San Francisco's World Famous Cable Cars

No.19

(S-C) Sacramento & Clay Streets (1930s livery)

The newest addition to Muni’s cable car operating fleet is also the oldest active cable car in the world. It started its third life in 2019, following a remarkable resurrection by Muni’s wonderful cable car shop workers.

Cable Car 19 (called “Big 19” to differentiate it from single-end Powell Car 19) operated on the Sacramento-Clay line from 1908 to 1942 when the line closed. But its history goes back a quarter-century before that.

Open-sided Market Street cable car (left) shown on the Haight Street line in 1886.

This cable car was originally built by the Central Pacific Railroad shops in Sacramento as part of a fleet of open-sided cable cars used on the five lines of the Market Street Cable Railway Company, which Central Pacific interests owned. These standard-gauge open cars were among the largest cable cars ever built, and were used in good weather on the five lines that headed up Market Street from the Ferry Building up Market Street and radiated west via McAllister, Hayes, and Haight Streets, and southward via Valencia and Castro Streets.

By 1906, United Railroads had consolidated most cable car operations in San Francisco, including the Market Street lines, the Powell Street lines, and a line on Sacramento & Clay Streets, which replaced the world’s first cable car line, on Clay Street (which had opened in 1873). In that year, the massive earthquake and fire ruined most cable car machinery and incinerated most of the cable cars. Electric streetcars quickly replaced cable cars on Market Street, making the surviving open cable cars surplus. Before the earthquake and fire, the Sacramento-Clay line used single-ended cable cars. Those that survived were switched over to the Powell cable car lines, where many still operate today.

As replacements on the Sacramento-Clay line, United Railroads rebuilt 12 of the surplus Market Street open-sided cable cars at its Elkton Shops at Ocean & San Jose Avenues (now home to Muni’s Green Light Rail Division). They were converted from standard gauge to the narrow-gauge trackage on Sacramento-Clay, made double-ended, and given an open-and-closed section design almost identical to the California Street cable cars. (An additional five Market Street open cars were similarly rebuilt, but left standard-gauge for the last remnant of the Market Street cable lines, an isolated route on Castro from 18th to 26th Streets, linking Eureka Valley and Noe Valley, which ran until 1941).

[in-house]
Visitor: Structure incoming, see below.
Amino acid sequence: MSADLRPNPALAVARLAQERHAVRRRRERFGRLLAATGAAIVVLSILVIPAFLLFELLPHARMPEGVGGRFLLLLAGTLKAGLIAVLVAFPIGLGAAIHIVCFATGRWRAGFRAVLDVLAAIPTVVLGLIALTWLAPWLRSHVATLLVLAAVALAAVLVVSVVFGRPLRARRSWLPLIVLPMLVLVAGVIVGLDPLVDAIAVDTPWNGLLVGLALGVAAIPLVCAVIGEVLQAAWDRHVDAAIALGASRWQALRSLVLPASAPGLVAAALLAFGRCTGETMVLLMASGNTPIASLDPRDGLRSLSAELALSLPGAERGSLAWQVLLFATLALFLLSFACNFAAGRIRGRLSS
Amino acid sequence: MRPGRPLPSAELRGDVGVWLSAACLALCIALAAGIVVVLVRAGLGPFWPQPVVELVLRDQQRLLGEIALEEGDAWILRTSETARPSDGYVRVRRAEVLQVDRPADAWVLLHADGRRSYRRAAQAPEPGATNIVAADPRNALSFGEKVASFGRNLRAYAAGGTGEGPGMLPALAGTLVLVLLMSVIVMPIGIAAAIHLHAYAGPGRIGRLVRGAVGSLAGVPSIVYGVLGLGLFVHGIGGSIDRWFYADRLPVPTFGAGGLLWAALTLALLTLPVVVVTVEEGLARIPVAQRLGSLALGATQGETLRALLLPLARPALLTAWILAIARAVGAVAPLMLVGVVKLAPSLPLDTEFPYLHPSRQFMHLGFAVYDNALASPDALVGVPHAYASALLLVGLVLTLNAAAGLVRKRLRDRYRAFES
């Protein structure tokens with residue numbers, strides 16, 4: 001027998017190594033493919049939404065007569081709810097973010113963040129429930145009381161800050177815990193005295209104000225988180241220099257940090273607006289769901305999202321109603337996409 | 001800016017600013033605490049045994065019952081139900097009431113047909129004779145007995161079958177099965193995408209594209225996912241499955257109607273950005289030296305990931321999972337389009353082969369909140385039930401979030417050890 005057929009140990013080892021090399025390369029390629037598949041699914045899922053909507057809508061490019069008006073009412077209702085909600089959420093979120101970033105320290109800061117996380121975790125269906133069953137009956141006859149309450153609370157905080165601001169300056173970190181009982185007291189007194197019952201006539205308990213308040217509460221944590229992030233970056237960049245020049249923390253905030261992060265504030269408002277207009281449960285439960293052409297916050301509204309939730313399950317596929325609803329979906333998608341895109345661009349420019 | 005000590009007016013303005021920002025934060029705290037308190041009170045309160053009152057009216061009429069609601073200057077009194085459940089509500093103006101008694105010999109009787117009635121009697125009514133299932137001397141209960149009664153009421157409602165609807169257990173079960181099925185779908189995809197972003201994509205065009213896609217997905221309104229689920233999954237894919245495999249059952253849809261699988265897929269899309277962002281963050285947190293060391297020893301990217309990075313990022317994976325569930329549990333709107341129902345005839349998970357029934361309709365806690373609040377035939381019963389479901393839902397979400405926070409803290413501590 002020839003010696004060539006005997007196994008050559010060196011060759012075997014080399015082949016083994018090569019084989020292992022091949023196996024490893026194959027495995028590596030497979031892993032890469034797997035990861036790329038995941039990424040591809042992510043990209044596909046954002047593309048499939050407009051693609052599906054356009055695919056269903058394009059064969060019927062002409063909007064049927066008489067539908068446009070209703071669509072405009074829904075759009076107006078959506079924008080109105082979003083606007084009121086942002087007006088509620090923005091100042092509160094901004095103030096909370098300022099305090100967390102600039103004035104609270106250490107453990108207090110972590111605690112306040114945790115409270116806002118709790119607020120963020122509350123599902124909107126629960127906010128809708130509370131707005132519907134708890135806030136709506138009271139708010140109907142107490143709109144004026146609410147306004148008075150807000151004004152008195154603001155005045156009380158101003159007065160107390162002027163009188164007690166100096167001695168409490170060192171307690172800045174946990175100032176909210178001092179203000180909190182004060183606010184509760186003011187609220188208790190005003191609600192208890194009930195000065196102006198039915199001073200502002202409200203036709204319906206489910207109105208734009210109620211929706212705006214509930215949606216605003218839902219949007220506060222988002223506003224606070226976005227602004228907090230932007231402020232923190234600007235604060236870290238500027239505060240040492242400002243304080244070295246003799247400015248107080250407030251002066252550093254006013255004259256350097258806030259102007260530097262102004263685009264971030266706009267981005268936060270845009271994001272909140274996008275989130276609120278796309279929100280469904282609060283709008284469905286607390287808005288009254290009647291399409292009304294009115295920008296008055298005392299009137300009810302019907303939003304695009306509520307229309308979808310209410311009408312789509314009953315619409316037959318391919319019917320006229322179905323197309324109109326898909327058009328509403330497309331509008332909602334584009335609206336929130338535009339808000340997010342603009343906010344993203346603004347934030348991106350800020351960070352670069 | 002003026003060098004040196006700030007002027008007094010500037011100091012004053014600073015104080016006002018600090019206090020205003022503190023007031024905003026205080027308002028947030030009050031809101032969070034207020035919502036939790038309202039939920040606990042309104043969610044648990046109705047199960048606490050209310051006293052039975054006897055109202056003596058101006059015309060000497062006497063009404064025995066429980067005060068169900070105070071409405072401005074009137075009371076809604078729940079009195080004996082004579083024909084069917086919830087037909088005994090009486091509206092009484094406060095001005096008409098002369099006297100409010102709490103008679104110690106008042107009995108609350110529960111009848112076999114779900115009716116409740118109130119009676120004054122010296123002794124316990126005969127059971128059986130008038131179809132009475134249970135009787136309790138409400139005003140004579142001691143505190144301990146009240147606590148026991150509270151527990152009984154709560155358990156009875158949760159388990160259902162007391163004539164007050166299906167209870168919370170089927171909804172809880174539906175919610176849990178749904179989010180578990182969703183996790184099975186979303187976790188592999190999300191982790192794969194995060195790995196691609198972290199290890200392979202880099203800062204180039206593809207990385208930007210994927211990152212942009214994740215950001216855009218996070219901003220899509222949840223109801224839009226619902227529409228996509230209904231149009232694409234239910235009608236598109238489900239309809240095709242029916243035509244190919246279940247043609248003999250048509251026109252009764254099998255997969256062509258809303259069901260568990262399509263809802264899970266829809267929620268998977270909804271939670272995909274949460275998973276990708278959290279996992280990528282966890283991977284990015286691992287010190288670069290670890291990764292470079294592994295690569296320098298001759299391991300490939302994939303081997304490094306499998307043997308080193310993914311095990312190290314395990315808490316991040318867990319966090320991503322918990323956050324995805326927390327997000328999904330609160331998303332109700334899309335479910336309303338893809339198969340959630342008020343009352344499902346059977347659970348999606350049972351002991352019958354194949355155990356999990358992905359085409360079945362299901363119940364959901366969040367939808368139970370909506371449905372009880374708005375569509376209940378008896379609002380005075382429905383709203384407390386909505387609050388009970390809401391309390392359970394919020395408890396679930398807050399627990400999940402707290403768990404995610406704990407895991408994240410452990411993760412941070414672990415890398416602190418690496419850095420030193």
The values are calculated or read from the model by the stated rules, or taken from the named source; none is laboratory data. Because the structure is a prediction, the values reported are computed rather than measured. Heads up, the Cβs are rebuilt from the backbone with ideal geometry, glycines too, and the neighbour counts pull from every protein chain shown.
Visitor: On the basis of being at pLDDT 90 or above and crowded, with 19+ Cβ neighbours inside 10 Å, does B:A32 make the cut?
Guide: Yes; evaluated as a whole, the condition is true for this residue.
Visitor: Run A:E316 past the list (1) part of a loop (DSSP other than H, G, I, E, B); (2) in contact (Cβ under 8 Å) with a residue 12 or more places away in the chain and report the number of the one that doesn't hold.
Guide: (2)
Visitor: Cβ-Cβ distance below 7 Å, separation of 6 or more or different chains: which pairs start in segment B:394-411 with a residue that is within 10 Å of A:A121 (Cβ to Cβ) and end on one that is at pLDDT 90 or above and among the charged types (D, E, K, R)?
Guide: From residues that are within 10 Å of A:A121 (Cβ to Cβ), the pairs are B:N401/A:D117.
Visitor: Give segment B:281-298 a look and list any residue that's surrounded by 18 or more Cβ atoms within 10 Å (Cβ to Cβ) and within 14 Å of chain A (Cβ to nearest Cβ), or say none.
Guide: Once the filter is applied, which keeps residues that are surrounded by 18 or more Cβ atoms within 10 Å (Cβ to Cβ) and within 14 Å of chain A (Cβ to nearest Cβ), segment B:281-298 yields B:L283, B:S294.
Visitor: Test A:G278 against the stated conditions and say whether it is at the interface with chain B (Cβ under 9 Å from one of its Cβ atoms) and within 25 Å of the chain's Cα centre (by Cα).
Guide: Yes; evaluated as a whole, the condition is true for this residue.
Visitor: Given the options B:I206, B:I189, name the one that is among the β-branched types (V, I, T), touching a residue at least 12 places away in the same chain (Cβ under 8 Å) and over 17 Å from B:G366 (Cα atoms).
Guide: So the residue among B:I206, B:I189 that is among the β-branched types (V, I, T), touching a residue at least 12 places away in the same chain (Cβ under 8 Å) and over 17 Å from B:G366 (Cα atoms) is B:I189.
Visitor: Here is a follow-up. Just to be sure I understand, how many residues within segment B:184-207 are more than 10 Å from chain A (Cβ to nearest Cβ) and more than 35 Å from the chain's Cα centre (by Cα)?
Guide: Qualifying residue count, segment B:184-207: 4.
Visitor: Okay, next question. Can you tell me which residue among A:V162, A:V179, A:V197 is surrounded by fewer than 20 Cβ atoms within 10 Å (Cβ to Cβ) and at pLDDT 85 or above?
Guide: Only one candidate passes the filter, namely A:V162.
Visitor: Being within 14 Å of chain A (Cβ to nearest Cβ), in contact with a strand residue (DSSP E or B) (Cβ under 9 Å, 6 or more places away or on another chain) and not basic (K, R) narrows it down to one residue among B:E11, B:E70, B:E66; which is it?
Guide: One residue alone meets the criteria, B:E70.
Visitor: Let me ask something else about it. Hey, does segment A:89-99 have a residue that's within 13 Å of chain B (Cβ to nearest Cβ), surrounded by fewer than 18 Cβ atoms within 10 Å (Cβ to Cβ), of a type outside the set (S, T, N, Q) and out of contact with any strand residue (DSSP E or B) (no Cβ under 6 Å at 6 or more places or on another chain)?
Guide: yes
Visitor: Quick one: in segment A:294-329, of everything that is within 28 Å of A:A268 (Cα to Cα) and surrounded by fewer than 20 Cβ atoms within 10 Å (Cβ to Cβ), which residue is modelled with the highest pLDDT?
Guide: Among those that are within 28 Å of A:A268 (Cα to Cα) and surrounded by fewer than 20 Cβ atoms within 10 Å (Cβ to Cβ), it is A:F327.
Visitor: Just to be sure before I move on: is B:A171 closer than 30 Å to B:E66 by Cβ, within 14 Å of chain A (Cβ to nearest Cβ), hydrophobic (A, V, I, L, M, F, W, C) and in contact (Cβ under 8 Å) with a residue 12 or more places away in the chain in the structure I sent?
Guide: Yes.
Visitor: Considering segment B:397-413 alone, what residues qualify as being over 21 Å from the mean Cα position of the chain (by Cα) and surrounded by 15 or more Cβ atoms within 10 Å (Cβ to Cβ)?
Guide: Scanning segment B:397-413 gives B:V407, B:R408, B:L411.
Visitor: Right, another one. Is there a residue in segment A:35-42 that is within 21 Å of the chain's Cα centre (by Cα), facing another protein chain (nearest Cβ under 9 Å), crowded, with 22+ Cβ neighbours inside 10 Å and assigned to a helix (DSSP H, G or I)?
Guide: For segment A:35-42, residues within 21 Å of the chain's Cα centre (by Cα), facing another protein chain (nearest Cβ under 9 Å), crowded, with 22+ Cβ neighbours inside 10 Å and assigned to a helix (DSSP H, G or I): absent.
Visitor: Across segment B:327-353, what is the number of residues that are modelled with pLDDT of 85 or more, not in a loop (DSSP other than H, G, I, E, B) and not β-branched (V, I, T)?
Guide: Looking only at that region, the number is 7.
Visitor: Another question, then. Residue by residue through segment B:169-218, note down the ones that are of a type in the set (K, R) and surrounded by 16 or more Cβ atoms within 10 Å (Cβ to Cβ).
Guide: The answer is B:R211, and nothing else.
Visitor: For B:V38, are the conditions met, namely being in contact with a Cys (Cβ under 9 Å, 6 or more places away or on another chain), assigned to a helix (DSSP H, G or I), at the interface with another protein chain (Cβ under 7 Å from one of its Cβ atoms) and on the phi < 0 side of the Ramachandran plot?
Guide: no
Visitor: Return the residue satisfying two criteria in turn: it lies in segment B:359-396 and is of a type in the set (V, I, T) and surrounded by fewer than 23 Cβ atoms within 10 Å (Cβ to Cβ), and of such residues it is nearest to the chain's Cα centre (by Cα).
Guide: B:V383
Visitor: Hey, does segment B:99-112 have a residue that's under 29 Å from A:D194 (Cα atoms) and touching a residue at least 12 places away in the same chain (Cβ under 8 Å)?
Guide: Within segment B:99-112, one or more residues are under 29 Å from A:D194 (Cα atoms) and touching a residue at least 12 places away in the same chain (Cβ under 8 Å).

The restored Sacramento-Clay line was cut back from Walnut Street in what’s now Laurel Heights to Fillmore Street, and its “new” cars were stored in the rebuilt Washington-Mason powerhouse and carbarn, alongside the Powell cars.

 

Car 21. identical to 19, in Chinatown crossing Grant Avenue on Clay, 1942.

 

United Railroads morphed into Market Street Railway Company in 1921, and as years passed, the Sacramento-Clay line, like its predecessor on Clay Street, was outshone by its competitor on California Street, and the cable cars were replaced by buses in 1942.  In 1944, Muni took over Market Street Railway, including its cable cars.  The double-end Sacramento-Clay cars were disposed of, except for Car 19, which was purchased in 1948 by the Northern California Chapter of the Railway & Locomotive Historical Society (for $50!) and kept for years in the carbarn as a static display.  After the 1982-84 rebuilding of the cable car system, it was placed in storage offsite, but in 1997-98, Muni’s cable car carpentry shop restored and strengthened the body of car 19 to meet current operating standards. In 2019, Muni’s cable car mechanics finished the restoration to meet today’s operating standards.

Sacramento-Clay cable car 19 passes the Fairmont Hotel on California Street (one block south of its old route) during tests in August 2019.

Throughout its post-earthquake history, the car has been painted dark green and for all but a few years wore red window sash. It has been restored into the Market Street Railway Company livery and logos it carried from about 1927-1937.  It looks as it did when it greeted passengers disembarking at the Ferry Building before the Bay Bridge was built, carrying them along the southern edge of the produce market, up through the Financial District, Chinatown, Nob Hill, and through Pacific Heights to Fillmore.

Sacramento-Clay Cable Car 19

Built

1883, Central Pacific Railroad shops, Sacramento (for Market Street service)

Rebuilt
1907-08, United Railroads Elkton Shops, San Francisco (for Sacramento-Clay service)

Restored
1997-8, Muni Cable Car Carpentry Shop; 2019 Muni Cable Car Mechanical Shop

Length
34’0″ (10.0 meters)

Width
8’2” (249 cm)

Weight
14,000 lbs. (6,350 kg)

Track Gauge
1883-1906: 4’8.5″ (1.435 m)
1908-present: 3’6″ (1.07 m)

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